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What is the metaverse and why should brands take it seriously?

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For many, the term ‘metaverse’ probably conjures up images of Ernest Cline’s Ready Player One, Tron, or Ridley Scott’s Blade Runner–but there is much more to dissect here.

The future of experience - 'The Metaverse'

As we reach peak Zoom fatigue it may feel somewhat incongruous to start talking about another digital platform that will shake up the future of experience – but it’s coming, and it’s called ‘The Metaverse’. Although when I say platform, that may be underselling its value, as it’s more of an entire ‘experience ecosystem’.

Defining the metaverse is far from simple. Google the term ‘metaverse’ and you’ll find several explanations. Wikipedia defines it as: “a collective virtual shared space, created by the convergence of virtually enhanced physical reality and physically persistent virtual space, including the sum of all virtual worlds, augmented reality, and the Internet. The word ‘metaverse’ is a portmanteau of the prefix "meta" (meaning beyond) and "universe"; the term is typically used to describe the concept of a future iteration of the internet, made up of persistent, shared, 3D virtual spaces linked into a perceived virtual universe.”

That’s quite a definition and perhaps poses more questions than it answers. Is the metaverse one place, and if so, who owns it? Can stakes be laid claim or is it an open access, collective space? Will it be a harmonious Utopia open to all, or the latest cyber iteration of the Wild West? In many ways, all this has still to be defined, but (some might say ‘hopeful’) purists would infer that the metaverse will be a connected hub, allowing anyone to build their own separate experiences on it (a bit like the internet as we know it now - but more spatial).

Blended reality

And this opens up a whole new blended-reality world for future-thinking brands willing to boldly go into this new experience ecosystem. We have become accustomed to hybrid experiences—the blending of the real world and virtual worlds— and in many ways the pandemic has accelerated this as people have become more familiar and accepting of the benefits of the virtual world. The metaverse is the next stage along this journey - joining the physical and the digital worlds in new ways. For example, an experience on the high street might have a digital twin in the metaverse.

Because the metaverse is an environment, I think it makes more sense to consider it as the next incarnation of the internet. So, it’s worth looking at how the internet developed to understand where it is heading and how the metaverse fits on that journey.

The Past: Internet 1.0 (1980s through the early 2000s)

Some of us might remember Internet 1.0—it allowed us to dial into the internet (remember that funny sound your phone would make if someone in your house was on the phone line?) and view basic web pages to gain (not so) quick referenceable information in image or text form. Some lucky people may have even downloaded low-resolution video.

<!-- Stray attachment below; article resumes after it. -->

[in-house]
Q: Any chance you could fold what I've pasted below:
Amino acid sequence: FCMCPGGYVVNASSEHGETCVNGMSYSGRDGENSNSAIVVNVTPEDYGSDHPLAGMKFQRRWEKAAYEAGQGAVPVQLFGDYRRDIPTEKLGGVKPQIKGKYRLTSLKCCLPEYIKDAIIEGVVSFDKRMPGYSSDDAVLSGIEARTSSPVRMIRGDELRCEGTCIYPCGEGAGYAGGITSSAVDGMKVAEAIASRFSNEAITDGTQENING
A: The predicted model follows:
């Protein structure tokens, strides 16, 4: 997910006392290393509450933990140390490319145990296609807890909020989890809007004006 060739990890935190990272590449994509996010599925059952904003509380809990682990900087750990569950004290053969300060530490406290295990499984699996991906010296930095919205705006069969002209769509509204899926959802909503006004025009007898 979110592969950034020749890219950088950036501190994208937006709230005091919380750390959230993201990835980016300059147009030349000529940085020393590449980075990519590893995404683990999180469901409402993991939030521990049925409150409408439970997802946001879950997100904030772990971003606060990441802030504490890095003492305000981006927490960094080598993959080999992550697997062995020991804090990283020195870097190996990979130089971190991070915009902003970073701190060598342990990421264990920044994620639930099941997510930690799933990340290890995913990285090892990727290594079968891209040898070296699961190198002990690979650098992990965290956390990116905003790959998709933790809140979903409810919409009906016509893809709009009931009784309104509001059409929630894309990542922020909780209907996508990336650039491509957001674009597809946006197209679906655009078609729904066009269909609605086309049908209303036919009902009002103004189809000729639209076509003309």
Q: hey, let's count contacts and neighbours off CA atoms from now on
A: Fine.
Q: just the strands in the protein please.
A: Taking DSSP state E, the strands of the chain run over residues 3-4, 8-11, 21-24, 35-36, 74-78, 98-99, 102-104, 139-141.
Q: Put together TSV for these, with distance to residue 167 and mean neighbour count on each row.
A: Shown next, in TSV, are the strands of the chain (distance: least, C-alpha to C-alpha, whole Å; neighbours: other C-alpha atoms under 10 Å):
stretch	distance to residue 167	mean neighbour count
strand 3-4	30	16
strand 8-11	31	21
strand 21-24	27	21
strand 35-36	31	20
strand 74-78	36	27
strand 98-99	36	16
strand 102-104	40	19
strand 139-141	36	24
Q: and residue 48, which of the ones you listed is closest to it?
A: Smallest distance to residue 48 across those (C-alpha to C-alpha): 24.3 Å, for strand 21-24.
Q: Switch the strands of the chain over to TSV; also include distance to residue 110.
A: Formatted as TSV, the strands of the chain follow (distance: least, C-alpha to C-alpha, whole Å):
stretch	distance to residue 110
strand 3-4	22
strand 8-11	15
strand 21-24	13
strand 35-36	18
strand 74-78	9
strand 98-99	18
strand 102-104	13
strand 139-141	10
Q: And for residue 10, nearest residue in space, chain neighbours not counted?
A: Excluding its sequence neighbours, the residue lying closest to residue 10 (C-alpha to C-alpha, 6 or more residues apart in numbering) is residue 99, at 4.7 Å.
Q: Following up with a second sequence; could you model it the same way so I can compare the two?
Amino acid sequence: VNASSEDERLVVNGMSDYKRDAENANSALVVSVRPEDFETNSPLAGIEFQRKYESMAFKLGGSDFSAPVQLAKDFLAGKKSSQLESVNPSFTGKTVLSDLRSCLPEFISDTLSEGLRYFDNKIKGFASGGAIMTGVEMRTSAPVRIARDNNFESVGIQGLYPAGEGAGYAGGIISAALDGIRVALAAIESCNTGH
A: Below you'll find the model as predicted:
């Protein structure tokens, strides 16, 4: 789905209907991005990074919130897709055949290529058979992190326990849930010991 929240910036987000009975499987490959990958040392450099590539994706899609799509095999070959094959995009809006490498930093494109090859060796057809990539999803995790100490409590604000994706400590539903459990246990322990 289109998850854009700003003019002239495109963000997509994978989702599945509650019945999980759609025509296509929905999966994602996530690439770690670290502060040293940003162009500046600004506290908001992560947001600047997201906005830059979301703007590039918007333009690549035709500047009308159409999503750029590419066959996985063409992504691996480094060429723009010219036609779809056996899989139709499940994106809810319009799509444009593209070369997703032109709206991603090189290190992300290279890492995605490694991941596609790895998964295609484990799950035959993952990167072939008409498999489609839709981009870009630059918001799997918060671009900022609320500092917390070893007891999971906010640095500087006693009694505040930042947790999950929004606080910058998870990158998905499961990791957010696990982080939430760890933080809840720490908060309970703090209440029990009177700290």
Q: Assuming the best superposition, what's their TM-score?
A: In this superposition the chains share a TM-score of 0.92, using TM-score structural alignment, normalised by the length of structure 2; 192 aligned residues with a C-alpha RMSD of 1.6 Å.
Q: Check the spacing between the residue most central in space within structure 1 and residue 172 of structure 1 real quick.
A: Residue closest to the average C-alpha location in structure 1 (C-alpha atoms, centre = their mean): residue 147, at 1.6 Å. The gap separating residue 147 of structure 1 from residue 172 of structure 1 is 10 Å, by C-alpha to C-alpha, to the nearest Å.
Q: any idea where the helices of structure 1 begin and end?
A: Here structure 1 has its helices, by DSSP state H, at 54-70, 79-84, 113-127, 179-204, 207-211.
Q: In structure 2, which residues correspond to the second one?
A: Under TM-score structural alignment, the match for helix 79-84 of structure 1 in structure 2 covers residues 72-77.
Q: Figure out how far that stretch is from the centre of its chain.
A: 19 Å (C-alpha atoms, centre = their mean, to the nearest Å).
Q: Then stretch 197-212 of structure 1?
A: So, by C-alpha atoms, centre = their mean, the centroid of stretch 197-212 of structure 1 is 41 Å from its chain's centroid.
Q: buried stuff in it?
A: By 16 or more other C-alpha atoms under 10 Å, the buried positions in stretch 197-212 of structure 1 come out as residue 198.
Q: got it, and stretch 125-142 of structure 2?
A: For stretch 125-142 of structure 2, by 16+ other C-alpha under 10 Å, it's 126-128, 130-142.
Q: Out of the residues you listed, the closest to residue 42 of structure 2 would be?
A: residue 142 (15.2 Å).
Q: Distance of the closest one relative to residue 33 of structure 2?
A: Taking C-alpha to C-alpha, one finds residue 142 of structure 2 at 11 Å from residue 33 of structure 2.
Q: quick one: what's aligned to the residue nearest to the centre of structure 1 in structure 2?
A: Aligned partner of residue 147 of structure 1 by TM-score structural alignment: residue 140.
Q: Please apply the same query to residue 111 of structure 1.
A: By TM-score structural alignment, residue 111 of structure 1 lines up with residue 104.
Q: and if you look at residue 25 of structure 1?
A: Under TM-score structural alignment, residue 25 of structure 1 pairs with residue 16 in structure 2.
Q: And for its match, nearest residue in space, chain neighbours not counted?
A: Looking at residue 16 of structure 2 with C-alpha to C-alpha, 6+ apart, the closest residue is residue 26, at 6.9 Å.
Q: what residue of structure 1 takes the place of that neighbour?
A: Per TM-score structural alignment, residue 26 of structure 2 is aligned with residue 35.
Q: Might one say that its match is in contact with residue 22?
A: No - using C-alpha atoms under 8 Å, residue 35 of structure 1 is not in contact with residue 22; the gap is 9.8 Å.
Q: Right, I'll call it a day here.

The Present: Internet 2.0 (2000s - now)

Internet 2.0 is where faster ‘always on’ internet allows us to access content (video, music, imagery) in most places that a connection can be reached (because of fast broadband and 4G connections) on anything, at any time. We are hyper-connected across platforms such as Facebook or WeChat, we can log in to any website and store our personal information and share relevant data with our connections, friends, and family (or strangers). But it’s still a digital world, separated from our physical world.

The Future: Internet 3.0 (now-future)

Internet 3.0—or as many refer to it, the metaverse—is where several key moments will happen. The internet will decentralise, and the internet giants will no longer own users’ data outright; instead the user will take full responsibility for their digital footprint. We are already seeing this with the uptake of cryptocurrency and NFT auctions—non-fungible tokens (NFTs) allow the ownership of digital assets to be recorded.

The metaverse becomes a constant companion fuelled by low latency 5G networks. Like physical cash payments transitioning to digital contactless payments, social networking will transition from a chat window on a website or in an app to augmented reality (AR) moments over a dinner table at a restaurant with your friends.

We’ll be able to see AR assets in the real-world space or see similar 3D assets in a virtual world through virtual reality (VR) headsets, TVs, and potentially interactive mirrors—our digital voice assistants might be the new interface freeing our fingers and hands up to interact with the real world and virtual assets.

This article first appeared in shots written by Senior Digital Producer, Alaster Armitage-Brain.

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